It is hard to disagree that all parents and many other adults are trying to protect children and teenagers and make sure that nothing may hurt their lives. However, an extended number of external factors cannot be eliminated, and their influence on adolescents and their mental health is hard to overestimate. The coronavirus pandemic that began in March 2020 has had a tremendous impact on all people in the world, and children are no exception. According to Dastagir, depression rates among adolescents have significantly increased since the beginning of the quarantine (“The Pandemic Is Taking a Toll”).
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Even before COVID-19, the statistics were appalling, and these numbers prove the seriousness of the problem threatening the lives of children and young people. In 2017, approximately 16.9% of American adolescents were diagnosed with clinical depression, and about six thousand teenagers committed suicide (“Data and Statistics on Children’s Mental Health”). The purpose of this paper is to explore the influence of coronavirus on these tragic numbers.
Isolation measures make it rather challenging for teenagers to remain positive. Generally, young people need to communicate, socialize, and get support and care from their friends and other people in order to maintain their mental health. However, because of COVID-19, adolescents were made to stay at their homes for months, be isolated from their friends and sometimes even families, and forget about visiting social places where they could rest from studying or other problems.
Moreover, the ongoing uncertainty, grief, fear, and stress created by the coronavirus pandemic and measures made teenagers have an extremely tough time and reduced their unstable abilities to cope emotionally. Unfortunately, not all adolescents can call their home a safe place, and forced and prolonged confinement causes depression and suicidal thoughts (Kamenetz). According to Marques de Miranda et al., approximately 48% of male and female teenagers were diagnosed with depression in 2020. Since the year is not over yet, this number is likely to increase. Therefore, this period is definitely a tough and scary time for representatives of the younger generation.
COVID-19 has created a great opportunity for various researches related to people’s emotional states. Recently, there was a study conducted in order to find out whether young people notice any severe changes in their mental health (Dastagir, “The Pandemic Is Taking a Toll”). According to the researcher, “75% of respondents 18-24 reported at least one adverse mental or behavioral health symptom, and serious suicidal ideation among this group was 25%” (Dastagir, “The Pandemic Is Taking a Toll,” para. 16). Because of significant changes in all spheres of life, including work, studies, extra social activities, and other areas, adolescents have difficulty imagining their future. Many teenagers have no energy to remain positive and cannot believe that they will be able to go to real school or college and then find a job since now their parents lose theirs.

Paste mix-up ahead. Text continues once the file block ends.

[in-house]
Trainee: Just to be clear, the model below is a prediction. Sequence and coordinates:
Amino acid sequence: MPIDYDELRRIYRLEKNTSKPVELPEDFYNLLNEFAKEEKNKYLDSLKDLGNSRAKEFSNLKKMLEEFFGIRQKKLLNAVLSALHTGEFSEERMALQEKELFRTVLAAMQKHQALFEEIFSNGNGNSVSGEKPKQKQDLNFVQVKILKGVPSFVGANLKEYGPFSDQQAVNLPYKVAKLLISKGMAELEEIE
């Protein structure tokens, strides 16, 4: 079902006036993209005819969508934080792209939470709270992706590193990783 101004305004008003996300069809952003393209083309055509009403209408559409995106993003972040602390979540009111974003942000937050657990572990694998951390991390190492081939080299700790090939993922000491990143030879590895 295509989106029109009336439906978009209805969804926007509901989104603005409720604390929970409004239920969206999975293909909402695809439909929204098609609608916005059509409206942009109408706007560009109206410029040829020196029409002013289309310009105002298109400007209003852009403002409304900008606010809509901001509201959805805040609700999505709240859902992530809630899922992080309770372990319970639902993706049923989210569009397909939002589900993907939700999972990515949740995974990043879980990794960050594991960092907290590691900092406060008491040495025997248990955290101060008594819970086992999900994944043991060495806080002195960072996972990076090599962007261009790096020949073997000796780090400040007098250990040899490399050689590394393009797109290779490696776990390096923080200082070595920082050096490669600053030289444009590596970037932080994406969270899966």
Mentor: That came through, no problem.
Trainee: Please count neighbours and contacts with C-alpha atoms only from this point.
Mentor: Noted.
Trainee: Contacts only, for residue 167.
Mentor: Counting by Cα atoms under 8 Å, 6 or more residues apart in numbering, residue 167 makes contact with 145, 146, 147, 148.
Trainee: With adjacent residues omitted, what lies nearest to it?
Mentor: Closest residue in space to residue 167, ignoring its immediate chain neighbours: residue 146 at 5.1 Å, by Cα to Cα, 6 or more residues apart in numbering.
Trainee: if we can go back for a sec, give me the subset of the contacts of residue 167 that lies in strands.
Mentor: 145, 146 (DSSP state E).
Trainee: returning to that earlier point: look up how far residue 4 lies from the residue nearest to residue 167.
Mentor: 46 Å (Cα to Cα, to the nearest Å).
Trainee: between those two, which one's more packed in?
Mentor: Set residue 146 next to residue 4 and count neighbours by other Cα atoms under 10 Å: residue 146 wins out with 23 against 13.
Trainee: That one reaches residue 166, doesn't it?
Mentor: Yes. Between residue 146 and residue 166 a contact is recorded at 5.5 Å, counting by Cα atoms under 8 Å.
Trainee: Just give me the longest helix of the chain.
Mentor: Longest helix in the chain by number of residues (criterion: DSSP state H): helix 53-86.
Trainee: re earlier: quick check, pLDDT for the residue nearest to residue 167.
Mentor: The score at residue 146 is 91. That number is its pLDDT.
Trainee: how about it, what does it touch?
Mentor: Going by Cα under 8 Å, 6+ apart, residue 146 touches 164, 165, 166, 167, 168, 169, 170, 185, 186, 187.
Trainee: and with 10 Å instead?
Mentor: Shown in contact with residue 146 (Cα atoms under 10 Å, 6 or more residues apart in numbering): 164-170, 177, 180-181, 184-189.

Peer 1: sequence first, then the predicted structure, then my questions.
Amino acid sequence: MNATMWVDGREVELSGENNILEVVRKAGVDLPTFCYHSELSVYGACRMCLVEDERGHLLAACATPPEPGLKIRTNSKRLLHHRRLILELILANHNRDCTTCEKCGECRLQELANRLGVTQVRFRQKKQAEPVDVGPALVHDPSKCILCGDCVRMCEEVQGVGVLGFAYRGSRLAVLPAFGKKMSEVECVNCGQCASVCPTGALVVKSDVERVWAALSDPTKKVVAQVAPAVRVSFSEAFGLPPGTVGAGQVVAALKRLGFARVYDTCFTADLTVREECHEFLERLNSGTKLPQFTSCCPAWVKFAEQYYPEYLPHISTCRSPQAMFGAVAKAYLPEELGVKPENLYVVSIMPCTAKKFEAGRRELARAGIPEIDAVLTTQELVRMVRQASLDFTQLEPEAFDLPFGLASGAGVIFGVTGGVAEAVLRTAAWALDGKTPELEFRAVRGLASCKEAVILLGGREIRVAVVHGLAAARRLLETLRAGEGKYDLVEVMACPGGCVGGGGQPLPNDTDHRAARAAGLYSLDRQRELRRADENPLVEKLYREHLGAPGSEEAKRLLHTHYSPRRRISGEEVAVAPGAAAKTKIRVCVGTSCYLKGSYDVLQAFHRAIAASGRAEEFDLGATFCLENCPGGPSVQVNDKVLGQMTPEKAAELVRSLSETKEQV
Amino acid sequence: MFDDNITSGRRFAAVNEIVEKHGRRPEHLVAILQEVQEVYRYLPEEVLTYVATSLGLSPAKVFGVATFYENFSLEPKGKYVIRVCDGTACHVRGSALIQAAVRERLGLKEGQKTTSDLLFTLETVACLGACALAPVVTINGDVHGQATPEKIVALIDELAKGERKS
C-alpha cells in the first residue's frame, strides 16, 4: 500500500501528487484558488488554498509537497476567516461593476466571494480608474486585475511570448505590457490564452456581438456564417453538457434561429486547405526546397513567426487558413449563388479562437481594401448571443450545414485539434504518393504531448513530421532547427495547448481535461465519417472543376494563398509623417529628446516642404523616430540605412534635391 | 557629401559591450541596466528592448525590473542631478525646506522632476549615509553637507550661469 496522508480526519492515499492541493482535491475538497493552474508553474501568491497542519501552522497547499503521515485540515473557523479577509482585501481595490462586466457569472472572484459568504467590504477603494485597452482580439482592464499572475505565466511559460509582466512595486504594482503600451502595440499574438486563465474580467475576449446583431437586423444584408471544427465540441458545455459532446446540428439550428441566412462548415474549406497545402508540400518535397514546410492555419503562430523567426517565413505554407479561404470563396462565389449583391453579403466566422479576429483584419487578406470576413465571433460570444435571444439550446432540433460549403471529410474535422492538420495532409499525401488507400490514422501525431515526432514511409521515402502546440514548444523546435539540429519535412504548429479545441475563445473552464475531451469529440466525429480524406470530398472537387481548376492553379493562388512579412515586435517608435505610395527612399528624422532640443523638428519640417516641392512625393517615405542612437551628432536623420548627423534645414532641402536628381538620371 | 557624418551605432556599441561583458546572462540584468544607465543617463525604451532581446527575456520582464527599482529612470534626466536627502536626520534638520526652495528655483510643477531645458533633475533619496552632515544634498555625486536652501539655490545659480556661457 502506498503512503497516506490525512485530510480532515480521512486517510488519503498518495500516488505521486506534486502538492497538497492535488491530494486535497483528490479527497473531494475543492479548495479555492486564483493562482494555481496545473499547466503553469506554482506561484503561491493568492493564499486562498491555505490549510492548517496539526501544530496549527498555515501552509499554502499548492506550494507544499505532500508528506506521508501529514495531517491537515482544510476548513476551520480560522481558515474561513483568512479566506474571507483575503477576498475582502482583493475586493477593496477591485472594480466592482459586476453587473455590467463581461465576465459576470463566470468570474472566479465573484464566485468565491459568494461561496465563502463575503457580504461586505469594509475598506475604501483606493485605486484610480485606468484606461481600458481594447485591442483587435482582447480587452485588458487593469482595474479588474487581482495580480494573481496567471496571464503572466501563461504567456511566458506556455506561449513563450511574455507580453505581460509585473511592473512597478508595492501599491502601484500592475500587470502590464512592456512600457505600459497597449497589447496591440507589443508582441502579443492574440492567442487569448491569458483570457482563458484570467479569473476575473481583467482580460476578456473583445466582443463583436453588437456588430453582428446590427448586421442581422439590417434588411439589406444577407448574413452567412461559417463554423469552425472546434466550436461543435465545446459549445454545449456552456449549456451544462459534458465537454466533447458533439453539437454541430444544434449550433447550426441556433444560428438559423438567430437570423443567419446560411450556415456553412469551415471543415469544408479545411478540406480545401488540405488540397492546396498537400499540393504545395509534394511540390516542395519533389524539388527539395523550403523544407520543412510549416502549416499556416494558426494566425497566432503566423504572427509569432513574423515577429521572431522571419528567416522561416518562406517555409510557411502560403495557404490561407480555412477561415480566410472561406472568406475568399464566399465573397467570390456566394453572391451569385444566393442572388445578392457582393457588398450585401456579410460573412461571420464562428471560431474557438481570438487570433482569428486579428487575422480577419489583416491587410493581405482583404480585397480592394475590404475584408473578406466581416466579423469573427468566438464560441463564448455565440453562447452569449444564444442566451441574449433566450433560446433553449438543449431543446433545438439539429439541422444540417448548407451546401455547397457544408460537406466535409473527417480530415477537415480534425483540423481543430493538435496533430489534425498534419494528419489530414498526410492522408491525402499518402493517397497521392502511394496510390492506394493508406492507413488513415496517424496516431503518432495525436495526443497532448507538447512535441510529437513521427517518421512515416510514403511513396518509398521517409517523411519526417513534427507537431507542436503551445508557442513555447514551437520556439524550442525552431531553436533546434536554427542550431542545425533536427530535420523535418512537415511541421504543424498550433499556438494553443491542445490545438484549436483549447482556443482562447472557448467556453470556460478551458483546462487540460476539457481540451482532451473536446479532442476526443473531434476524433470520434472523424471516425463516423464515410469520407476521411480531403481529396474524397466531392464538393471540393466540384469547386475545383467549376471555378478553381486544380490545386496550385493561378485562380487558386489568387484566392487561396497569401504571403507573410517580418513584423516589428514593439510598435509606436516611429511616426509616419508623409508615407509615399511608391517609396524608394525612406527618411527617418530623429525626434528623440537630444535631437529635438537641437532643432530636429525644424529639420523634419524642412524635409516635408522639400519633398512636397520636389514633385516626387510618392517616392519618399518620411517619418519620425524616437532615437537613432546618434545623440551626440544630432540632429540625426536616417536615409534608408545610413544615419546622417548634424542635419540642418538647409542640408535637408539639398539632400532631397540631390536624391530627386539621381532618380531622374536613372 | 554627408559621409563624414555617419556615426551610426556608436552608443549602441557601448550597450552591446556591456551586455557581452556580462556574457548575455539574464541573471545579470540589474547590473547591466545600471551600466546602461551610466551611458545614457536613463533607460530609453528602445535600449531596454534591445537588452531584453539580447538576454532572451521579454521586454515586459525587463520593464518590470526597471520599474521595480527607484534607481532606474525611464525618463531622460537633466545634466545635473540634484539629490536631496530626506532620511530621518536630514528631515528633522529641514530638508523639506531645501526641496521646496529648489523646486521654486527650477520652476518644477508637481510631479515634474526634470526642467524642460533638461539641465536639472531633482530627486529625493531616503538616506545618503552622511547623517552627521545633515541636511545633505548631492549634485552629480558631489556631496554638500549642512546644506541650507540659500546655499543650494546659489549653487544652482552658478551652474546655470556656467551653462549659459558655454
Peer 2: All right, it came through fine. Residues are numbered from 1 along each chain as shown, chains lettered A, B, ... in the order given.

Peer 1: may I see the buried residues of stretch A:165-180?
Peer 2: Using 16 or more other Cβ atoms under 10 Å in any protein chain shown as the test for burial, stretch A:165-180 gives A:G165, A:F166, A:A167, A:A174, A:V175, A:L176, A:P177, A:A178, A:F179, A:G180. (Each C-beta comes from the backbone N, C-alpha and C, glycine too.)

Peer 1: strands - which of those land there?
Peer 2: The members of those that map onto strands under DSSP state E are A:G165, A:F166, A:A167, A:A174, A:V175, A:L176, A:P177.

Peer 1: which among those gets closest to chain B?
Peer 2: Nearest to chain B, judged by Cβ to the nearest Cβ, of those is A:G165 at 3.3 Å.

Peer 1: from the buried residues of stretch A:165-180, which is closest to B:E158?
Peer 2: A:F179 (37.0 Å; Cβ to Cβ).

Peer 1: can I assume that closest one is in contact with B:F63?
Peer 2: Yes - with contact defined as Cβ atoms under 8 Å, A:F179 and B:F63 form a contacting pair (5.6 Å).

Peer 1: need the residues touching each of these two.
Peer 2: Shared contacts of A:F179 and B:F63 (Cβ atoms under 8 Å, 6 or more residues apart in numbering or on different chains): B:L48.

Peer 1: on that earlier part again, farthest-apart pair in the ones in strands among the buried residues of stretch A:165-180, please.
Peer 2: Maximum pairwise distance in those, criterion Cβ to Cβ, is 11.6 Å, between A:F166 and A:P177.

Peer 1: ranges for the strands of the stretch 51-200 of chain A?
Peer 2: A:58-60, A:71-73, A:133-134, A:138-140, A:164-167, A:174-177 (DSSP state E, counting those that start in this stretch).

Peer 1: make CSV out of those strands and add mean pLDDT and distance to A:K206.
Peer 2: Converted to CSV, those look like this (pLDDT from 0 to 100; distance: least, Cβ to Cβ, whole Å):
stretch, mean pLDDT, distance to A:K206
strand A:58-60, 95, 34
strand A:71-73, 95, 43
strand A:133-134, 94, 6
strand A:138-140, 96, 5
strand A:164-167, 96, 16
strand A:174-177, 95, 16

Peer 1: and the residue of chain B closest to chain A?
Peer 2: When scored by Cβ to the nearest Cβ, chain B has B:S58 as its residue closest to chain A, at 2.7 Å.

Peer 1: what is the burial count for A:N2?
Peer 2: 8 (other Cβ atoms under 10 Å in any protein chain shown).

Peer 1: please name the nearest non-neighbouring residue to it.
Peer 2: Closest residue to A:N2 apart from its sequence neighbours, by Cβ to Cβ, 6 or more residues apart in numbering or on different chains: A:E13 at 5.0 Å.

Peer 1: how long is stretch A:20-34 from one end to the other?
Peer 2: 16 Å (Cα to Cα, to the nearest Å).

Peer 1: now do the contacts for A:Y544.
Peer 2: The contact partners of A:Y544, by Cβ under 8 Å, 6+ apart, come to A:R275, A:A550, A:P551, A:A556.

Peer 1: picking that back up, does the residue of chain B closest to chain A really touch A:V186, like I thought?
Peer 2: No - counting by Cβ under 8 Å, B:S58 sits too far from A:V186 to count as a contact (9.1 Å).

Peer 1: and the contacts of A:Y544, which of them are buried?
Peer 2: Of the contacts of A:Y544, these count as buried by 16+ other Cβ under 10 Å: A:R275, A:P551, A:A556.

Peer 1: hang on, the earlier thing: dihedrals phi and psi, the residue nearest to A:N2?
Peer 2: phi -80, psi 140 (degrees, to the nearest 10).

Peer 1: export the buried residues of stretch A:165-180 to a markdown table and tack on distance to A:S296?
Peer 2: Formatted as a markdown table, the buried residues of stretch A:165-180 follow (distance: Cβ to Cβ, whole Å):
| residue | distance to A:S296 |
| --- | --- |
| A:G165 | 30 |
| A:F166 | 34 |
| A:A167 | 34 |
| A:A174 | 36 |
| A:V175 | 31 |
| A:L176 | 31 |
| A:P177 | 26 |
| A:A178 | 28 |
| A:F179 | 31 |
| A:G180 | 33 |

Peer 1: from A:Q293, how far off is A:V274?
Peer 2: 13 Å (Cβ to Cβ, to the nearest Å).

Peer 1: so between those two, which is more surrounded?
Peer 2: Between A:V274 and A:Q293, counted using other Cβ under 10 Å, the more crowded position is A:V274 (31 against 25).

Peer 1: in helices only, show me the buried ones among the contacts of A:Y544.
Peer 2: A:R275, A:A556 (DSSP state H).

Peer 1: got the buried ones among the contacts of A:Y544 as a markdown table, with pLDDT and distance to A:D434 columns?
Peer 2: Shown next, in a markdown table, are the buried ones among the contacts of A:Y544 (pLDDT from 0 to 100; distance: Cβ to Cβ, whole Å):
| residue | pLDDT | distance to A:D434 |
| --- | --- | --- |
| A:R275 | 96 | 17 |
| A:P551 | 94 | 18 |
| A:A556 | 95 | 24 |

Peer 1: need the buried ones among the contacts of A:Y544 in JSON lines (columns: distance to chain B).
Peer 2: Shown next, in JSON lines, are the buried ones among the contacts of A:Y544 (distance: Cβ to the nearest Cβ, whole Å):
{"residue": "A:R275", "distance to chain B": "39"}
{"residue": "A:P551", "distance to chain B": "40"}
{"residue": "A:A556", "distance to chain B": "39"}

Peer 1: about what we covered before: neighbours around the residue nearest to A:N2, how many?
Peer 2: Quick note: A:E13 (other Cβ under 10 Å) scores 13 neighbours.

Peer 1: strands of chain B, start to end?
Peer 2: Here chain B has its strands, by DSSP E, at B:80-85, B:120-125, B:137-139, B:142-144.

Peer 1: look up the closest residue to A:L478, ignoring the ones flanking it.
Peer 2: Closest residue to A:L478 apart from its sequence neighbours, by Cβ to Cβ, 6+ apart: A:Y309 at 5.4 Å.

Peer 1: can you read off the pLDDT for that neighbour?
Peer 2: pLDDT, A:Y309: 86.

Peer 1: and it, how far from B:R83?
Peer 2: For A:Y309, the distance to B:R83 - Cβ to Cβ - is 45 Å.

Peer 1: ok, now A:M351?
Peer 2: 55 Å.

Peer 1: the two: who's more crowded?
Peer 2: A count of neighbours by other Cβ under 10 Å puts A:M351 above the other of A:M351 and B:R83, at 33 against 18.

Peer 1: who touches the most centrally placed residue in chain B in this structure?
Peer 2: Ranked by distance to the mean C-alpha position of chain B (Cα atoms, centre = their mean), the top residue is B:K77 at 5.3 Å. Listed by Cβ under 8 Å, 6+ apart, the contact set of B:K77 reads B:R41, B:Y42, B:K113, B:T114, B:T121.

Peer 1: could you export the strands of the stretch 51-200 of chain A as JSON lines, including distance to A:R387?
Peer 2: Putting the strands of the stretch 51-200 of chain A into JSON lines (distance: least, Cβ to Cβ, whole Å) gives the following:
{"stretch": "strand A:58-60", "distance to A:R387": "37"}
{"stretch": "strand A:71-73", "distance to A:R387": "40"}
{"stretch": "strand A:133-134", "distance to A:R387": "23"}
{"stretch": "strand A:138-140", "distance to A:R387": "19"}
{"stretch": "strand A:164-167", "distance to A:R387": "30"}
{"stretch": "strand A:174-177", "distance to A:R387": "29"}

To draw a conclusion, one may say that COVID-19 has significantly impacted the rates of depression and suicidal behavior among teenagers, and this effect is likely to continue for an extended period of time. Though there are only a few articles and researches related to the statistics for 2020, it is already possible to suggest that the rates of attempted suicides and diagnosed depression disorders are more twice as high as they were in 2019 (Dastagir, “More Young People Are Dying by Suicide”). Therefore, now it is more important than ever to take care of teenagers and young people and make sure they are successfully going through this challenging time.
Dastagir, Alia E. “More Young People Are Dying by Suicide, And Experts Aren’t Sure Why.” USA Today, 2020. Web.
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“Data and Statistics on Children’s Mental Health.” Centers for Disease and Control Prevention, 2020. Web.
Kamenetz, Anya. “The Pandemic has Researchers Worried About Teen Suicide.” NPR, 2020. Web.
Marques de Miranda, Debora, et al. “How Is COVID-19 Pandemic Impacting Mental Health of Children and Adolescents?” International Journal of Disaster Risk Reduction, vol. 51, 2020.